Statement: While there are numerous professional organizations within the discipline of epidemiology, the American College of Epidemiology is the sole U.S.-based organization focusing explicitly on the health and scientific integrity of the discipline itself.  ACE has been and should continue to be a loud voice for career development and mentorship of young professionals in our field, at the forefront of national policy conversations concerning the science of population health and the health of the public.  ACE also accords membership to scientists who meet professional criteria, and has in recent years created a new membership category for Associate Members.  ACE must continue these roles, while also ensuring its relevance to the scientific community of epidemiologists.  We must embrace and support diversity within our profession and our membership, strengthen training opportunities at the undergraduate, graduate, pre- and post-doctoral levels, support academic epidemiology programs in a time of transition in public health education, and provide a home for academic leaders in our field.  My experience on the ACE board over the past three years and especially as finance committee chair provides me with keen insights into the challenges and opportunities we face as a profession and as an organization.  As president, I will work to ensure ACE’s place at the table in relevant national policy discussions, strive to grow and retain our membership, and ensure the financial stability of our organization not only for the present, but into the foreseeable future.


Board of Directors
Fellow Nominees
Vote for three (3) of six (6)
Linda B. Cottler | Marcella Devoto | Daniel Hoffman | Lisa M. Klesges | Jennifer L. St. Sauver | James C. Torner


Linda B. Cottler, PhD, MPH, FACE is Associate Dean for Research at the College of Public Health and Health Professions and Dean’s Professor and Founding Chair of the Department of Epidemiology at the University of Florida.  Cottler’s 28 years of continuous research funding, focused on underrepresented populations, includes: development of culturally reliable and valid measures for identifying substance use, abuse and dependence, along with psychiatric disorders and their risk factors; innovative methods for conducting national surveys of high risk behaviors; and community based, peer-delivered interventions to change HIV risk behaviors and substance abuse. This work has been international in scope, extending to Sydney, Taipei, Bangalore, Kenya, Afghanistan, and most recently Haiti, with a landmark health survey. Dr. Cottler’s community focus includes her HealthStreet model, a hub for linking community residents to social and medical referrals, health messages, and research opportunities.  She is PI on the NIDA T32 UF Substance Abuse Training Center in Public Health, and PI of a Fogarty International Center Training Program partnering with the National Institute of Mental Health and Neurosciences in Bangalore, India beginning in 2001. She has directly mentored more than 90 trainees, from undergraduates through postdoctoral fellows, who are now themselves making important contributions to research, and she has received numerous awards for mentoring and excellence in research, including the American College of Epidemiology Special Award for Outstanding Contributions Through Systemic Epidemiologic Approaches to Improving Health in 2015.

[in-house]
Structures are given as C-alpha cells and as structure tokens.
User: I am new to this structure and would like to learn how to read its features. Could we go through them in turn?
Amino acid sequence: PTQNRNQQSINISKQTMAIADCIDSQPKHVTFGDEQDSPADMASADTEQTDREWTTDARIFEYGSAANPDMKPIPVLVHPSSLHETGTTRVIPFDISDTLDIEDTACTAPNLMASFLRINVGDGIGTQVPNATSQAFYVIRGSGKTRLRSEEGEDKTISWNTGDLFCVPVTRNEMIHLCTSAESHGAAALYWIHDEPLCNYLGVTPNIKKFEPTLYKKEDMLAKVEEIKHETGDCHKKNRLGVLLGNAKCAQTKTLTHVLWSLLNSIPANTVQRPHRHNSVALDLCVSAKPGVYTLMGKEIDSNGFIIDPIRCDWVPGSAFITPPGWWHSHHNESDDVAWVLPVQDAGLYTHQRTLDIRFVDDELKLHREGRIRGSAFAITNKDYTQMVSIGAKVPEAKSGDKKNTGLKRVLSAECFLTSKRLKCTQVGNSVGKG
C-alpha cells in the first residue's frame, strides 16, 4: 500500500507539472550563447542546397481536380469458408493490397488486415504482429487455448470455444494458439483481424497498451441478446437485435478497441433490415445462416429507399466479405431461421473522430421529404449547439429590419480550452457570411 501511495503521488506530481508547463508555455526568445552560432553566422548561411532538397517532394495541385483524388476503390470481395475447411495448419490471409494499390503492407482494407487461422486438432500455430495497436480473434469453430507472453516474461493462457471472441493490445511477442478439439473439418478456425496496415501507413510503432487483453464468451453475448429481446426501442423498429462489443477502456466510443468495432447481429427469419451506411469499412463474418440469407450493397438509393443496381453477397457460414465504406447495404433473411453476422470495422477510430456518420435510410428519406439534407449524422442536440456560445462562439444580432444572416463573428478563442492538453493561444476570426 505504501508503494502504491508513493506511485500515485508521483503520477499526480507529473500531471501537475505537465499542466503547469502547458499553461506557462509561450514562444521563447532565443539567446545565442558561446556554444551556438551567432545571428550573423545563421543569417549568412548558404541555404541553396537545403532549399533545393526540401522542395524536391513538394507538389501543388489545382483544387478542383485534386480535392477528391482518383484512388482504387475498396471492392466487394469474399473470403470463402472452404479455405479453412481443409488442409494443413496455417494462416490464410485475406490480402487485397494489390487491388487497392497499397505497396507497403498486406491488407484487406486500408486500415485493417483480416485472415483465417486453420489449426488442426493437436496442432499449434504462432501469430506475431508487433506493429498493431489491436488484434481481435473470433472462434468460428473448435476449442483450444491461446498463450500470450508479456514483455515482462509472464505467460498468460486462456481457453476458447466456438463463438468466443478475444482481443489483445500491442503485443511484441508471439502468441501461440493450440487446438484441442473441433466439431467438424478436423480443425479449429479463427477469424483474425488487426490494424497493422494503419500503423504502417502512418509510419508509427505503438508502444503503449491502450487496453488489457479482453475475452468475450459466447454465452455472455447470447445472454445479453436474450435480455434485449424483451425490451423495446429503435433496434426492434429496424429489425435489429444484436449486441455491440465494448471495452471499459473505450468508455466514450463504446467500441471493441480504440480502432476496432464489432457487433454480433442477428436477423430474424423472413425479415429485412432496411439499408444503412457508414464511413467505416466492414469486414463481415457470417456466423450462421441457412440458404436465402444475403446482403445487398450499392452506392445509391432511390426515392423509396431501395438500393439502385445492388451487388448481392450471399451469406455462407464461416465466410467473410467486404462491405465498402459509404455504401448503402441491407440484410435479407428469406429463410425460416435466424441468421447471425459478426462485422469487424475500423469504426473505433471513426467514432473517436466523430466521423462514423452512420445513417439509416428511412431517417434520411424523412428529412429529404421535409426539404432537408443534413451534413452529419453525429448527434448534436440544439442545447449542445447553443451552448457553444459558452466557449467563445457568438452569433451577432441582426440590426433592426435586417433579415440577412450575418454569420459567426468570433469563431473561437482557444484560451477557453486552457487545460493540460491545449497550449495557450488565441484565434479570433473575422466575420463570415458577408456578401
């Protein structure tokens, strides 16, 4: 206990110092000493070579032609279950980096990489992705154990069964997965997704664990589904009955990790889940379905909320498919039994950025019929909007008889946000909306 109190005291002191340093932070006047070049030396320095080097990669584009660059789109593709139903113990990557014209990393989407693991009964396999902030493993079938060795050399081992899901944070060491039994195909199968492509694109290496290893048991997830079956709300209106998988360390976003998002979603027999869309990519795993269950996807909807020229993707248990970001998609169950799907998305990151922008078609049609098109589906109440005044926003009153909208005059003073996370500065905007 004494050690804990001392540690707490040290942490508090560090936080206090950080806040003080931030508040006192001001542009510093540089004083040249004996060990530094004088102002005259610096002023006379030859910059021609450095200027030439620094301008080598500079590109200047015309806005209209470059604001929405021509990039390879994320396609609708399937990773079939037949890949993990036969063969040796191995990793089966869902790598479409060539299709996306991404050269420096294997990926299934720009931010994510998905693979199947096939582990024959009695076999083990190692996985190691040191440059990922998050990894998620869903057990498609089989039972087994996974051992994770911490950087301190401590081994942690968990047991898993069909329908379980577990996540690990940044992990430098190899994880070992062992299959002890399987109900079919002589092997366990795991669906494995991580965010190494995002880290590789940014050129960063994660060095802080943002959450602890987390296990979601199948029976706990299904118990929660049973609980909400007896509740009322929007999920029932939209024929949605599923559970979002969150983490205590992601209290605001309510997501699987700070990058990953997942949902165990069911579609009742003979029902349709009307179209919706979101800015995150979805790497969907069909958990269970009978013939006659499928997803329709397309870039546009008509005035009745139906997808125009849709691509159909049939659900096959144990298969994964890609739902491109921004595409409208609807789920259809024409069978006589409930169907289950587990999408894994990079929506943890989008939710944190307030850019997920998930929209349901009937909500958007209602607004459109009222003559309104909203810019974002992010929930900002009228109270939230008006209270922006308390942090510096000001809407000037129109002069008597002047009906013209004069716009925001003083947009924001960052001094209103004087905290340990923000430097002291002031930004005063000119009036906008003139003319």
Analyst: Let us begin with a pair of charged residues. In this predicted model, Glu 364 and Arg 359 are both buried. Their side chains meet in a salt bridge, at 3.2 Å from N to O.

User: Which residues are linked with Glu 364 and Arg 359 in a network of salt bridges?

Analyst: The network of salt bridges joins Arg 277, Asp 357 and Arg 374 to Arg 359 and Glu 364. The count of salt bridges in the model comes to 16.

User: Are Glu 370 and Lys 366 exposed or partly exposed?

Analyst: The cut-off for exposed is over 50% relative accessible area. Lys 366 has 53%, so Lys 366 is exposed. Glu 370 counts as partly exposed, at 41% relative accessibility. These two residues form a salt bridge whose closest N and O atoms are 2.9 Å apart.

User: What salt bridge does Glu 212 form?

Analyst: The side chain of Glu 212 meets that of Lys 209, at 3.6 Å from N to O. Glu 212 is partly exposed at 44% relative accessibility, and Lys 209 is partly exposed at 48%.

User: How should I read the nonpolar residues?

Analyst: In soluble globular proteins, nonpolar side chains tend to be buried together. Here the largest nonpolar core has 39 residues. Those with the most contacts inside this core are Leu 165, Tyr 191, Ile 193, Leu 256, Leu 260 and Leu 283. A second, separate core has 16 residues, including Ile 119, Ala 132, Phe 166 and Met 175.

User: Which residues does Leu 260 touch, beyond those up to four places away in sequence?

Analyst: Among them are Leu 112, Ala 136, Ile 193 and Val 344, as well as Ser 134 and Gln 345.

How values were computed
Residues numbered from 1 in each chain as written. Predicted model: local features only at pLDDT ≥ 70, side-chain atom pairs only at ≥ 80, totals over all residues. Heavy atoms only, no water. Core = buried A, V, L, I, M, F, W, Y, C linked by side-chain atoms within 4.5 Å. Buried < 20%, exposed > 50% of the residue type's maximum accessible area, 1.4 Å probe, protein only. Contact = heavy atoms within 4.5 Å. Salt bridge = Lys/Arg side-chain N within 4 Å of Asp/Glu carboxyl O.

Statement: There are many professional organizations in which epidemiologists can participate, but it is imperative that we maintain a place where we can support one another while we share and disseminate best practices of our field. In addition, we must create a vital venue for training the next generation of scientists, especially now with the graying of our field. Having just completed 19 years as Treasurer of two professional organizations, I am ready, available and interested in participating in ACE on the Board of Directors.

Marcella Devoto, PhD, MSc, FACE, is Professor of Pediatrics, Epidemiology, and Genetics at the University of Pennsylvania Perelman School of Medicine. A fellow of the College since 2007, she is member of the International Genetic Epidemiology Society, the International Epidemiological Association, the American Society of Human Genetics, and the European Society of Human Genetics, where she served on the Board of Directors in 1994-1999 and the Scientific Program Committee in 1998-2002.